Price of U.S. wars: $4.4 trillion?

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The following article originally appeared on Politico.

The final bill for U.S. military involvement in Iraq, Afghanistan and Pakistan could be as much as $4.4 trillion, according to a comprehensive report Tuesday.

In the 10 years since American troops were sent into Afghanistan, the federal government has already spent $2.3 trillion to $2.7 trillion, say the authors of the study by Brown University’s Watson Institute for International Studies.

The report calculates not only direct spending on the conflicts but also the long-term costs of caring for wounded veterans and projected war spending from 2012-20.

At a minimum, according to the authors of the study, the final cost for these military engagements will be $3.7 trillion. But the report also points out that their estimates do not include at least $1 trillion more in interest payments and other costs that cannot yet be quantified. Indeed, the report criticized the U.S. Congress and the Pentagon for poor accounting.

Although the number of U.S. soldiers killed in the wars in Afghanistan and Iraq have been made public, the report notes, it is not yet clear how many soldiers return to the United States with injuries and illnesses. New disability claims are submitted on an ongoing basis, and many injuries among U.S. contractors have not been reported publicly, further complicating calculations of the costs of war.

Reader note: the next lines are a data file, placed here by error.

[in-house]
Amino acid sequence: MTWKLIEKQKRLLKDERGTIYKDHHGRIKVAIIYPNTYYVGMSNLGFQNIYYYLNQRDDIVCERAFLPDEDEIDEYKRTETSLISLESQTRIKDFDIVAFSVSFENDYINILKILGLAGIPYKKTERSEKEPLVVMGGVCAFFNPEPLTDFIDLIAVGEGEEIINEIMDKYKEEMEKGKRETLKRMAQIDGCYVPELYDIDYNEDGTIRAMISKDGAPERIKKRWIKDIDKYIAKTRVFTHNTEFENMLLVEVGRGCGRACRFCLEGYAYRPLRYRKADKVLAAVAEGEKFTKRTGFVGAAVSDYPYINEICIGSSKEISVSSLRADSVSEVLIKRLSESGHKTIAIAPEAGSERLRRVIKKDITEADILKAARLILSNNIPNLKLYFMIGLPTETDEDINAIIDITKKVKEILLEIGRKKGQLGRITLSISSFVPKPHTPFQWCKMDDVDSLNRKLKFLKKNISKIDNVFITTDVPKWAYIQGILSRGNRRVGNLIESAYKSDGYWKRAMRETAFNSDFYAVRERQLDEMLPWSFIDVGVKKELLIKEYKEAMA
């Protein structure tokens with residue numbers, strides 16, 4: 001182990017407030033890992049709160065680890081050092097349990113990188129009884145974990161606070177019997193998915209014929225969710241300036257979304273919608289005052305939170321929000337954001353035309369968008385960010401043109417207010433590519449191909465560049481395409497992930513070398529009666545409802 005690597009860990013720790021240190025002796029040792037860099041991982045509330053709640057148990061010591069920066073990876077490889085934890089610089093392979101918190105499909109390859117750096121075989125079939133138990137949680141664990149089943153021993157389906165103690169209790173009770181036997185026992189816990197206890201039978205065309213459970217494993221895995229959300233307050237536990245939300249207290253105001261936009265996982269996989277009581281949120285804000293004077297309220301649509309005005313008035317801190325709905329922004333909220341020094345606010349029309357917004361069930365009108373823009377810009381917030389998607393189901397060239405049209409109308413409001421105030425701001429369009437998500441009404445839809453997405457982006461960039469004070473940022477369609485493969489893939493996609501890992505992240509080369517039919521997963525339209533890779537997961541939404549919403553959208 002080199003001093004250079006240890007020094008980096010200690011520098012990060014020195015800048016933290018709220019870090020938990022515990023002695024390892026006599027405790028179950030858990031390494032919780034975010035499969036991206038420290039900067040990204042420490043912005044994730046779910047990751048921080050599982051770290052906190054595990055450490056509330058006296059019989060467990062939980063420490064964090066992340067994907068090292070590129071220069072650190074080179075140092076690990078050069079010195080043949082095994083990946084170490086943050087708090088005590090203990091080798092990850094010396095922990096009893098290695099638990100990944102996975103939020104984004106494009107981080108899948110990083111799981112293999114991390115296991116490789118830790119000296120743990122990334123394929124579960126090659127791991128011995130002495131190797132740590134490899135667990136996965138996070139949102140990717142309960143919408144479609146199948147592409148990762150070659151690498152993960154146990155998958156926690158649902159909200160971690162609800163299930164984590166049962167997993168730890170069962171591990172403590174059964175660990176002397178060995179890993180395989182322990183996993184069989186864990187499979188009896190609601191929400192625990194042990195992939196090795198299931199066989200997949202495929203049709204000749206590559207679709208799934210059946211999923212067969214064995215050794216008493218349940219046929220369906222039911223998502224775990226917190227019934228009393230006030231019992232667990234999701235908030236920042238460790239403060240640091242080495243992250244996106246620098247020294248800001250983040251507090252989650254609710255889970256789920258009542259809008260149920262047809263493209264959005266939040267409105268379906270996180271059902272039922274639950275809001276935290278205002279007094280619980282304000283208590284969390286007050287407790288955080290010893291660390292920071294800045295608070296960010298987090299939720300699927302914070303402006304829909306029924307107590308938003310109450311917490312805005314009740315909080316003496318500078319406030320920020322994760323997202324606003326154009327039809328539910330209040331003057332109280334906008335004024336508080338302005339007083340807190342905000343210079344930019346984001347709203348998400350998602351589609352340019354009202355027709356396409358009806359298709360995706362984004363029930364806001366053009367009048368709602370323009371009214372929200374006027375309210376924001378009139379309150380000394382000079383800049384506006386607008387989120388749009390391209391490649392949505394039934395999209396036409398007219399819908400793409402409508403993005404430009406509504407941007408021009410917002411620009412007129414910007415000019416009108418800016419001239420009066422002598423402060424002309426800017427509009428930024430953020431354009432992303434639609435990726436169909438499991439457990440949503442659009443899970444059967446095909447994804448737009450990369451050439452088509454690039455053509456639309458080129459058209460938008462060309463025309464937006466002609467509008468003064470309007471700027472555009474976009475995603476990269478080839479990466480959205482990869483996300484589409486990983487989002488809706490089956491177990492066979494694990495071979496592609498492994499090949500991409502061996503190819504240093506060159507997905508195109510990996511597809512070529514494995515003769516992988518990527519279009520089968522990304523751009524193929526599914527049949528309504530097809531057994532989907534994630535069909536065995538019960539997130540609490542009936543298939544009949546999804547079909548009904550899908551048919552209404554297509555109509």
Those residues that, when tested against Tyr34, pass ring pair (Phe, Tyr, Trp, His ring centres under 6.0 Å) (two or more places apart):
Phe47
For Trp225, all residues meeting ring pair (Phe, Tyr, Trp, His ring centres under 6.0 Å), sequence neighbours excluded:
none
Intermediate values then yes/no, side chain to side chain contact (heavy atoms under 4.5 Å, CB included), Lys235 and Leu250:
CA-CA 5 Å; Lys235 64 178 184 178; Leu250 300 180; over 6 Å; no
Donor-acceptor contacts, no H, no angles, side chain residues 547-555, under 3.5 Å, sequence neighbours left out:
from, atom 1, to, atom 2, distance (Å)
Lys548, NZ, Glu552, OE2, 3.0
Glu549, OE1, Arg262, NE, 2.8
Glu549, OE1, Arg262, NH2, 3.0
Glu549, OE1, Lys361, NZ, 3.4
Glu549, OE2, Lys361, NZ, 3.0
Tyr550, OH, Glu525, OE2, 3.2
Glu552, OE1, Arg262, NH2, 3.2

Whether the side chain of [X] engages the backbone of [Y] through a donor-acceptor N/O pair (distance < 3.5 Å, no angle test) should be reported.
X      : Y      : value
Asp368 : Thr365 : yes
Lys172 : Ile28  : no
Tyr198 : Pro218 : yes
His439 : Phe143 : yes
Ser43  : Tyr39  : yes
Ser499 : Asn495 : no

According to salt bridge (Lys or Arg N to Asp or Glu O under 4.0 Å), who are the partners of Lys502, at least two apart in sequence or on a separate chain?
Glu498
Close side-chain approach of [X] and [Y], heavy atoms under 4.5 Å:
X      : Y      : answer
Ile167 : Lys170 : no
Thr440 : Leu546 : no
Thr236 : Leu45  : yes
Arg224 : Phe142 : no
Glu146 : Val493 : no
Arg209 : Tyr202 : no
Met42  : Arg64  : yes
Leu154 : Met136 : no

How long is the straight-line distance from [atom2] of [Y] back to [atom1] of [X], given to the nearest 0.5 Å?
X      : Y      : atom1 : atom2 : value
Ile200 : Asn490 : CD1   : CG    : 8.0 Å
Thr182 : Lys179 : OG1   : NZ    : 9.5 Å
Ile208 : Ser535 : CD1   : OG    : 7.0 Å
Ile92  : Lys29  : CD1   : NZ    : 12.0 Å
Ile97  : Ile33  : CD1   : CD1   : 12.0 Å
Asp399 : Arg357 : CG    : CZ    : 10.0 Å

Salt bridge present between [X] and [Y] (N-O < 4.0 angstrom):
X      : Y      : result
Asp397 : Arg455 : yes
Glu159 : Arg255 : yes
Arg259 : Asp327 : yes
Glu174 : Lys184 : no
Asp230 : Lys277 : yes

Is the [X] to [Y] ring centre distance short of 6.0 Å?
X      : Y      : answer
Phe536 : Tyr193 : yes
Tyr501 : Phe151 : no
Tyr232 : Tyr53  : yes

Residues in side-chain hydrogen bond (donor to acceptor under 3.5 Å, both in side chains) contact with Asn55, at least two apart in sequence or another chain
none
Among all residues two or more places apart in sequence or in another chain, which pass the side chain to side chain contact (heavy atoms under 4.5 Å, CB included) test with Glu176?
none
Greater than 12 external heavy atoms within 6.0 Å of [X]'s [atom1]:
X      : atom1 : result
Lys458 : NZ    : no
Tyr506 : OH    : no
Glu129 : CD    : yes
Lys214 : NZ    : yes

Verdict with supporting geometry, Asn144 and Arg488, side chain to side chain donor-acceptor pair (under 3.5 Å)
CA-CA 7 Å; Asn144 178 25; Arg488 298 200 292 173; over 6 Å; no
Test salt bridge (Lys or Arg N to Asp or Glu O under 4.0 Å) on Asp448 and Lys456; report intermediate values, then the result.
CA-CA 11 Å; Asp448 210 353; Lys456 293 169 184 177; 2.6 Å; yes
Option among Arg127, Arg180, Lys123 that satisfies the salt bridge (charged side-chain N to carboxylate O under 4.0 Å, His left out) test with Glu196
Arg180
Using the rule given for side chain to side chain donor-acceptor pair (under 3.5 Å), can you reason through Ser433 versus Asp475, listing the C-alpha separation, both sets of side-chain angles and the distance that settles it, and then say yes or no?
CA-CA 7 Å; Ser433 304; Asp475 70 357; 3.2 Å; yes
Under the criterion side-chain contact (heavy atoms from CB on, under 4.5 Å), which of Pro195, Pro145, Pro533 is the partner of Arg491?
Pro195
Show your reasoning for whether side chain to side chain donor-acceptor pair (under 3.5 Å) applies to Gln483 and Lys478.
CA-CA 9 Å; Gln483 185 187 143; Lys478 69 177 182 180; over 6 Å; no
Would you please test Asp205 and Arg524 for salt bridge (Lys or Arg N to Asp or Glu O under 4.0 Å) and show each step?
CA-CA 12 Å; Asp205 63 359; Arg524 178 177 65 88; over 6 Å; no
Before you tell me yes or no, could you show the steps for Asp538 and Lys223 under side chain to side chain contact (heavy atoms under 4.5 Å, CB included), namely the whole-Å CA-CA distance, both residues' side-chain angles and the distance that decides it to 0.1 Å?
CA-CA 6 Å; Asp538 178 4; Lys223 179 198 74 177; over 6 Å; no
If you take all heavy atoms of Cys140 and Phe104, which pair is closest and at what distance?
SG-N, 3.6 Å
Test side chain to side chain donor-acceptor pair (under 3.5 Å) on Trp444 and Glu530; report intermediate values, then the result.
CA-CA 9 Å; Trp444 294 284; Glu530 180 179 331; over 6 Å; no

Even as President Barack Obama recently announced plans for a withdrawal of troops from Afghanistan, the report asserts that conflict in Iraq, Afghanistan and Pakistan will continue through the decade, adding to financial and human cost.

The report puts the number of civilian deaths to date at approximately 137,000, and the total number of deaths attributable to military conflict in these countries, in uniform or out of uniform, to around 225,000. The study also suggests that the number of war refugees and displaced persons now total about 7.8 million.

“Costs of War,” as the study was titled, was a joint project that involved the work of over twenty academics, including economists, anthropologists, political scientists, legal experts and a physician.

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